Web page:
answer and some of them painfully introspective. Questions as to whether the
books we create and distribute have to be a Pratham Book, whether it implied
that every book must be paid for by either the reader or an intermediary
and, from being a publisher, questions as to whether we are gatekeepers of
content or content curators, how we could create infinite good with finite
time and resources and most importantly, how we can create more value than
we capture?

Having answered most of these questions using “openness” (whereby, we asked
ourselves whether allowing unrestricted access to use and re-use our content
furthered our mission) as a test and finding that it did fit our mission,
the second set of questions to answer was more technical – how, as a small
non-profit, do we do this and not find ourselves overwhelmed. It was at this
point that we had a moment of realization – that reading is an extremely
social activity and that there are communities and organizations who were
more than ready to help us achieve our goals.

It was at this juncture that we hit upon the Creative Commons licensing
model as one that would help us achieve many of our aims of flexibility,
scalability and being able to help catalyse our mission of a book in every
child's hands. In particular, three things stood out – a shared value system
of sharing and openness, a community that was deeply embedded in these
ideals and, from our perspective, it was scalable because it allowed us to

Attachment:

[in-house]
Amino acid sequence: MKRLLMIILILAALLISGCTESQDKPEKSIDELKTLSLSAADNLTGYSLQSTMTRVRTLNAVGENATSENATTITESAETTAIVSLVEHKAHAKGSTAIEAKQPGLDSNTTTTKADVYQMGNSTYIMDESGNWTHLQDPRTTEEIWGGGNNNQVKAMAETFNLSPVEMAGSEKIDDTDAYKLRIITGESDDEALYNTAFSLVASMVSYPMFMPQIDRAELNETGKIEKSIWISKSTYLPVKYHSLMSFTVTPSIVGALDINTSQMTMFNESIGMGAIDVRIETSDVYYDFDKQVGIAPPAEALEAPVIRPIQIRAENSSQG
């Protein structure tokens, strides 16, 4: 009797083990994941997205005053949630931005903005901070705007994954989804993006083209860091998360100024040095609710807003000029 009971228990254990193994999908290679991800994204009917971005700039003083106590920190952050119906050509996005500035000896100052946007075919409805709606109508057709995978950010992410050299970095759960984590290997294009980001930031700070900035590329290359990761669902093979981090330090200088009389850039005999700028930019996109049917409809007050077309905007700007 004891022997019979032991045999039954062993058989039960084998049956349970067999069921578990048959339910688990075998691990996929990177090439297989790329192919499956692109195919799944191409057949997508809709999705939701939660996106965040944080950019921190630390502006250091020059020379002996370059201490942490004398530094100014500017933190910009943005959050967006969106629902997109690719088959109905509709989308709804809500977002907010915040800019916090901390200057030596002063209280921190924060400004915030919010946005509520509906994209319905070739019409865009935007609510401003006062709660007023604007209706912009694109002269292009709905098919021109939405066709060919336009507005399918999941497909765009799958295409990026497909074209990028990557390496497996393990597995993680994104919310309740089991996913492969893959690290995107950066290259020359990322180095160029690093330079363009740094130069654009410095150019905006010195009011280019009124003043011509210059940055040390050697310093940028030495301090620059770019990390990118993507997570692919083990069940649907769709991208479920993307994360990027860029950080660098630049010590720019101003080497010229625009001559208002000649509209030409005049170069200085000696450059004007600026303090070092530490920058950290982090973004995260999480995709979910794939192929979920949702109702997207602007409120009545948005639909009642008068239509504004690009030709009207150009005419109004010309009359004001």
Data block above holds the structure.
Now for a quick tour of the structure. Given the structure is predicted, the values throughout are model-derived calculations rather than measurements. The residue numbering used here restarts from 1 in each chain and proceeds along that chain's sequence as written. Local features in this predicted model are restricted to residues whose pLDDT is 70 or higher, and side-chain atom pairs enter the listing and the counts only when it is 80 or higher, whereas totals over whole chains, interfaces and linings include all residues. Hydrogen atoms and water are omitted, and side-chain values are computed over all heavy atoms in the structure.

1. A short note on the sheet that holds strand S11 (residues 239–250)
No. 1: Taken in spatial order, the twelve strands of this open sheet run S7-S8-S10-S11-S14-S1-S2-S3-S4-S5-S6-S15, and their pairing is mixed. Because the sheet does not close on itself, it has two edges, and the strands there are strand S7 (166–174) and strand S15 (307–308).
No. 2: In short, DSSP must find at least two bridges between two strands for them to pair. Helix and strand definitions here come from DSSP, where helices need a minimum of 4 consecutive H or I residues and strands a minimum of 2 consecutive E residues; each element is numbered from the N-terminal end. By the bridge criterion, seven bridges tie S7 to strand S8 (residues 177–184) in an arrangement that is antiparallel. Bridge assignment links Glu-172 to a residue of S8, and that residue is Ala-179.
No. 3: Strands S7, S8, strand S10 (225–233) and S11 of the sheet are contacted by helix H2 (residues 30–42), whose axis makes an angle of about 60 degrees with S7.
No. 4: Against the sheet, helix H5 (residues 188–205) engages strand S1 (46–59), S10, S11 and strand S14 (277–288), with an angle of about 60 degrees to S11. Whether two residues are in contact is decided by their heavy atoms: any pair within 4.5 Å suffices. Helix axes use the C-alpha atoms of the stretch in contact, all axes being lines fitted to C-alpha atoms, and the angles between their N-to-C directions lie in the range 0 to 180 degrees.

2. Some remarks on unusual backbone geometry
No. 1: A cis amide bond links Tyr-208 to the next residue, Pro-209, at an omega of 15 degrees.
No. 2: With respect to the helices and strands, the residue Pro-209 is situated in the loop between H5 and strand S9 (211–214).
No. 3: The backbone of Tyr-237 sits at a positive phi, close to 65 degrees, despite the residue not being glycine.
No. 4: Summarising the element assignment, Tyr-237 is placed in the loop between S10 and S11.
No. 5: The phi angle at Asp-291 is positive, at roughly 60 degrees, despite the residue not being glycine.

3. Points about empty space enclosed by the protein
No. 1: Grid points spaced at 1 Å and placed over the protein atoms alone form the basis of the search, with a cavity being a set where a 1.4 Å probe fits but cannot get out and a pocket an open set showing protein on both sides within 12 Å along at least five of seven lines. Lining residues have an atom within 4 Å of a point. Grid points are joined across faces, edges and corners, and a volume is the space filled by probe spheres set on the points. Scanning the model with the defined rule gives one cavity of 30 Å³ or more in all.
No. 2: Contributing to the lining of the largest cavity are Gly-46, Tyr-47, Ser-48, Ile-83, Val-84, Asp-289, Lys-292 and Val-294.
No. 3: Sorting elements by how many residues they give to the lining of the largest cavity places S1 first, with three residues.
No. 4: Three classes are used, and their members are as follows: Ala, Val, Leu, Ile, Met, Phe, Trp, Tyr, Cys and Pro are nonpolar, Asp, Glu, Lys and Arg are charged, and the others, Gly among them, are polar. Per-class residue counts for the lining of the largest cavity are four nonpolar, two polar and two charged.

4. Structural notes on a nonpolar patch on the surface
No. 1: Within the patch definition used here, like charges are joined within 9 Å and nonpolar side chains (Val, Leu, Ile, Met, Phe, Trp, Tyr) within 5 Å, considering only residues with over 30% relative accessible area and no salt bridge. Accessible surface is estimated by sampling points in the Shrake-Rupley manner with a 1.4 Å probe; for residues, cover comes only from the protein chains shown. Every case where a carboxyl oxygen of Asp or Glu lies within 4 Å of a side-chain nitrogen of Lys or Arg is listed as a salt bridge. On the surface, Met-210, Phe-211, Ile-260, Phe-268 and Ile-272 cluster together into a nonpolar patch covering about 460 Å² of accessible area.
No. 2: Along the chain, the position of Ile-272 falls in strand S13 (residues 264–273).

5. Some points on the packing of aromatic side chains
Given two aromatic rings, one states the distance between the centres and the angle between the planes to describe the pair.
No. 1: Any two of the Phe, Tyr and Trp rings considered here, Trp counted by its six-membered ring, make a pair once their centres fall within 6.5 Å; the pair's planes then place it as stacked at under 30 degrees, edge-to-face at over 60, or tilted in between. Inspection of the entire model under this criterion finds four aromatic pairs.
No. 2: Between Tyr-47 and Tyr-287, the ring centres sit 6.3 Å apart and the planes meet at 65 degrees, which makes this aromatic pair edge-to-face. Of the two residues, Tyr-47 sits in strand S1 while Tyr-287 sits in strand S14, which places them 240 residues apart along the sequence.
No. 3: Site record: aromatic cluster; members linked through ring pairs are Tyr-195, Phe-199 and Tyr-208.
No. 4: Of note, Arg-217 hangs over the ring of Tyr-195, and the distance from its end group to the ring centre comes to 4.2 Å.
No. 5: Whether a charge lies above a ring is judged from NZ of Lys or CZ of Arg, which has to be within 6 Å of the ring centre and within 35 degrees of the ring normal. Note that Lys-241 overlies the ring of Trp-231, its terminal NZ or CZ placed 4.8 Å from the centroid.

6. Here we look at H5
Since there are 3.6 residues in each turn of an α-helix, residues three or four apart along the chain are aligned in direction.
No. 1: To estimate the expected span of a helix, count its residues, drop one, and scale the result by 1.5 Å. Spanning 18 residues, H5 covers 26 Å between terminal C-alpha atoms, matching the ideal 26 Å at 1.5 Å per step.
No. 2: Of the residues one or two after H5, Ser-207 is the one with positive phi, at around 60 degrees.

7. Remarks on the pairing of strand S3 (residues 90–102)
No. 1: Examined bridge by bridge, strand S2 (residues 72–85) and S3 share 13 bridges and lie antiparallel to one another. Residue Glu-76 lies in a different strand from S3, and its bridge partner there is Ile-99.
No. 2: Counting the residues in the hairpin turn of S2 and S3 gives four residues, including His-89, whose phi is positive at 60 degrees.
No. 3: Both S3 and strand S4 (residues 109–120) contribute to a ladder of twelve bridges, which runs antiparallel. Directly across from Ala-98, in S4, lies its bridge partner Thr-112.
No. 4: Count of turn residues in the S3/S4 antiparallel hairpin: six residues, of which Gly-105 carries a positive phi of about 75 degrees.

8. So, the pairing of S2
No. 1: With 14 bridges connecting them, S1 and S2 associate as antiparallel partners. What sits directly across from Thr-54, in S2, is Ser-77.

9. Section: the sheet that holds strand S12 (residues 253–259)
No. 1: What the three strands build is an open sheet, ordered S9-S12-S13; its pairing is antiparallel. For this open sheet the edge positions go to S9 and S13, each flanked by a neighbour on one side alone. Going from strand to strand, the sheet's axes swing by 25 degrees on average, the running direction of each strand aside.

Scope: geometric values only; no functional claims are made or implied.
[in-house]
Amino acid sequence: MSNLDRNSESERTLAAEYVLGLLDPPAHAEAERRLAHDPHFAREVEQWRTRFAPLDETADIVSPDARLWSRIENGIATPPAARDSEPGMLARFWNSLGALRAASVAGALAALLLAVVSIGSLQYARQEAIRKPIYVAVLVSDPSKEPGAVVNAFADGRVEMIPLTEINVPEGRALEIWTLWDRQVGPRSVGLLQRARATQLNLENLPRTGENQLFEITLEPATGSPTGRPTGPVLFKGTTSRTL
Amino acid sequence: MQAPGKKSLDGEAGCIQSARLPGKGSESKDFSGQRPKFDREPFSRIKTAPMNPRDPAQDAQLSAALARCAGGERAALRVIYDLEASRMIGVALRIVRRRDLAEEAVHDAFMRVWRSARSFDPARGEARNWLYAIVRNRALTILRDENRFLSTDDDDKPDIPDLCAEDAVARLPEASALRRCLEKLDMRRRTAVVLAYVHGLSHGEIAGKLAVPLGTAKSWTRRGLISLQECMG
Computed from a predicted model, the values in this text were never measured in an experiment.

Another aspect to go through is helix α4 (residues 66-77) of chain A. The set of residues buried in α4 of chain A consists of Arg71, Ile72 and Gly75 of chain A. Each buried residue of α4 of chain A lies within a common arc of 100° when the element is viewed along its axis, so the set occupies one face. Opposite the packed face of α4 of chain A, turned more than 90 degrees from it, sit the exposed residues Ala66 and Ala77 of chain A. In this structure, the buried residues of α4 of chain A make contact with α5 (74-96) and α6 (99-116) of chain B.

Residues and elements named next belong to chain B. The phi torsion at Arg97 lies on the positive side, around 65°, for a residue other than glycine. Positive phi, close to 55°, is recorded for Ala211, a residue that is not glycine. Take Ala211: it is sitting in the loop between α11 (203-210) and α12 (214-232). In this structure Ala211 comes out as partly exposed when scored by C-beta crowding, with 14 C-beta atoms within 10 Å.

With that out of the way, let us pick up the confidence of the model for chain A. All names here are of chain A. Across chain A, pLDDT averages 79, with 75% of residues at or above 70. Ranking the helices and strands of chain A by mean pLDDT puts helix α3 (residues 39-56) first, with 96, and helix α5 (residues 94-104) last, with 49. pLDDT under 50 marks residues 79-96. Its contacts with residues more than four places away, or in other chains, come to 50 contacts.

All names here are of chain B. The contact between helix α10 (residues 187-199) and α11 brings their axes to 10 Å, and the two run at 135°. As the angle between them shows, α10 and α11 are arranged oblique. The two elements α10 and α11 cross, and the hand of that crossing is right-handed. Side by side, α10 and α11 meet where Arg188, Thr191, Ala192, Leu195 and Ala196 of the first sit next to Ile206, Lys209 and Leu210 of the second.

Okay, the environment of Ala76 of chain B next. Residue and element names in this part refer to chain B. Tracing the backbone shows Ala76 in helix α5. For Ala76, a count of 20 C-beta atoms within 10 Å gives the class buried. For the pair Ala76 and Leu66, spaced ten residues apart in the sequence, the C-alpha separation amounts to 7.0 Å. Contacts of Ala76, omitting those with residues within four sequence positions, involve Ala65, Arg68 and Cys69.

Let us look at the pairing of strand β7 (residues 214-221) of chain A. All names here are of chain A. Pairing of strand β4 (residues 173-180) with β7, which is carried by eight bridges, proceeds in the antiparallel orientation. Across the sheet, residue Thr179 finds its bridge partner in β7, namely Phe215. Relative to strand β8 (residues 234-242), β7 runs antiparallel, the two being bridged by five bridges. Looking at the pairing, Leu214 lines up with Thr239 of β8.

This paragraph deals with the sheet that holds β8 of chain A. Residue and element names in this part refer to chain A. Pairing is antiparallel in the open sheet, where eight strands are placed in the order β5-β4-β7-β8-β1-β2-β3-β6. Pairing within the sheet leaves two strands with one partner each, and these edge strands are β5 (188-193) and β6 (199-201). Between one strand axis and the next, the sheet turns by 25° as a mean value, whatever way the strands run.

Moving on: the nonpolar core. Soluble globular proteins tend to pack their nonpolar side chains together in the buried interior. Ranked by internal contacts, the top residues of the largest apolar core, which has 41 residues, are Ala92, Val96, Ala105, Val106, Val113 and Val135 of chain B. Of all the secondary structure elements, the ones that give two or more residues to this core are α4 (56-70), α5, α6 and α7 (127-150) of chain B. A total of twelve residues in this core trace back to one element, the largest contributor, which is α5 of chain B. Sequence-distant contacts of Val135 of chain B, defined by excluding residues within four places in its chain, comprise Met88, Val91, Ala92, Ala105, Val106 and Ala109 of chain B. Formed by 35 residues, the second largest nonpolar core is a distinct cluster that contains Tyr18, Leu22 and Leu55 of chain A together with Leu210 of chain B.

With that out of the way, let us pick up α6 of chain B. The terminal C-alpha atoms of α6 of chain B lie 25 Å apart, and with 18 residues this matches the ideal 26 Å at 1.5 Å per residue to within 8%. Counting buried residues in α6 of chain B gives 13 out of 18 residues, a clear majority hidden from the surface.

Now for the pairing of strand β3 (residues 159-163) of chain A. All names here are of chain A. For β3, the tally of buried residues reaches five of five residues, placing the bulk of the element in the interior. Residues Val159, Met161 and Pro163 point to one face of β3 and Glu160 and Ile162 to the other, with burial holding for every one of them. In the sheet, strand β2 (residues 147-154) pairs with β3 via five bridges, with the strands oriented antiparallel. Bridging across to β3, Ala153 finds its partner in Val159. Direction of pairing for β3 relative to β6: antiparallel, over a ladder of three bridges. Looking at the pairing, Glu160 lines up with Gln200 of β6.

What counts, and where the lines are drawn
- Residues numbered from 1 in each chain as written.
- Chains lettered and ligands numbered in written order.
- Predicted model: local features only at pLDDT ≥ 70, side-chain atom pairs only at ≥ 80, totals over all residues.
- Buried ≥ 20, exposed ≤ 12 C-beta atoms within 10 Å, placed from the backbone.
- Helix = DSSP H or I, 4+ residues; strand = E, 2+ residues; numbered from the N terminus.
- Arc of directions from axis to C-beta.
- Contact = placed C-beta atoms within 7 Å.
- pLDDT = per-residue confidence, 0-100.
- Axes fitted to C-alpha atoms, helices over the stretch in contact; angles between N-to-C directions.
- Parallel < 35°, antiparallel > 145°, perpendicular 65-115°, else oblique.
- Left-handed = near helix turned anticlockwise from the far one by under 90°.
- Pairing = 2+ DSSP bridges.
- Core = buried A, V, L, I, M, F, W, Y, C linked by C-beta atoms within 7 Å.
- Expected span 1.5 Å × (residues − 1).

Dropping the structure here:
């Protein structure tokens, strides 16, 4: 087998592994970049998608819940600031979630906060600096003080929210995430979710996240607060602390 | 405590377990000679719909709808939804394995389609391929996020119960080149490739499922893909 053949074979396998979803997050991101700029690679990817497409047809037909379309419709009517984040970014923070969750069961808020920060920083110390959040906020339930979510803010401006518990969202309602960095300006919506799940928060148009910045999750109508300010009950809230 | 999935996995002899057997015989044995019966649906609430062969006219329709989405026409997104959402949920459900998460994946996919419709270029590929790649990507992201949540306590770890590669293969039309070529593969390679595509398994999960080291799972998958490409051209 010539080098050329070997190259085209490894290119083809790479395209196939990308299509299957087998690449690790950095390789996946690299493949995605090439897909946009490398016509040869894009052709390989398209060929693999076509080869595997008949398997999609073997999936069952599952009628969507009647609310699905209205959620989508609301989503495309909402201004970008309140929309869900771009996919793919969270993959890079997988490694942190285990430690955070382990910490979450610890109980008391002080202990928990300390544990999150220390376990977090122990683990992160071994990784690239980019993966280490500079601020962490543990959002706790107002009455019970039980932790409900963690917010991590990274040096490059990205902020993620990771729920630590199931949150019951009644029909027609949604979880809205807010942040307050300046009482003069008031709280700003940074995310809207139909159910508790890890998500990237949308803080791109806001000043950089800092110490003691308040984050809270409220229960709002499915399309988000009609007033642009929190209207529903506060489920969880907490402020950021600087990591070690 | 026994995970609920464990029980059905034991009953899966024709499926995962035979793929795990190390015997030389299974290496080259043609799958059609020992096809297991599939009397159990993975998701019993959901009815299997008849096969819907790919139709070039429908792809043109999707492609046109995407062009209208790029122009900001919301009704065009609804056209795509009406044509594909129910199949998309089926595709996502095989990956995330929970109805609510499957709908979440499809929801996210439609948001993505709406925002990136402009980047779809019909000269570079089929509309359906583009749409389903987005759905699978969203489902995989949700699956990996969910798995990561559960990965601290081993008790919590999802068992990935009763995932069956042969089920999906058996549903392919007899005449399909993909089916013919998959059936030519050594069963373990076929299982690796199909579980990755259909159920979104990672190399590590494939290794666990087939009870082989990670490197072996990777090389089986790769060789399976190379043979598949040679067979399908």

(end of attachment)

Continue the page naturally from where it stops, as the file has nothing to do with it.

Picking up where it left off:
license content to multiple organizations and individuals, both known and
unknown, with a one time effort of releasing them under a Creative Commons
license as opposed to the traditional model which involves time consuming
negotiations and discussions with each known organization or individual who
wants to use our content.

As an organization, we did spend some time choosing a license and, from our
perspective, a choice between openness and sharing which reduced to a choice
between the 
We have decided that the Attribution license will be our default
license with a fall-back to the Attribution-Share-Alike license in cases
where needed. It is best said by
emerged that our choice lay between two licences: Creative Commons
Attribution and Creative Commons Attribution Share Alike ...chose to use
Creative Commons licences because Creative Commons have become a global
standard and are supported by a large international community. Both licences
are Free Culture licences and are more permissive than any of the other
Creative Commons licences. In other words, the choice was not between two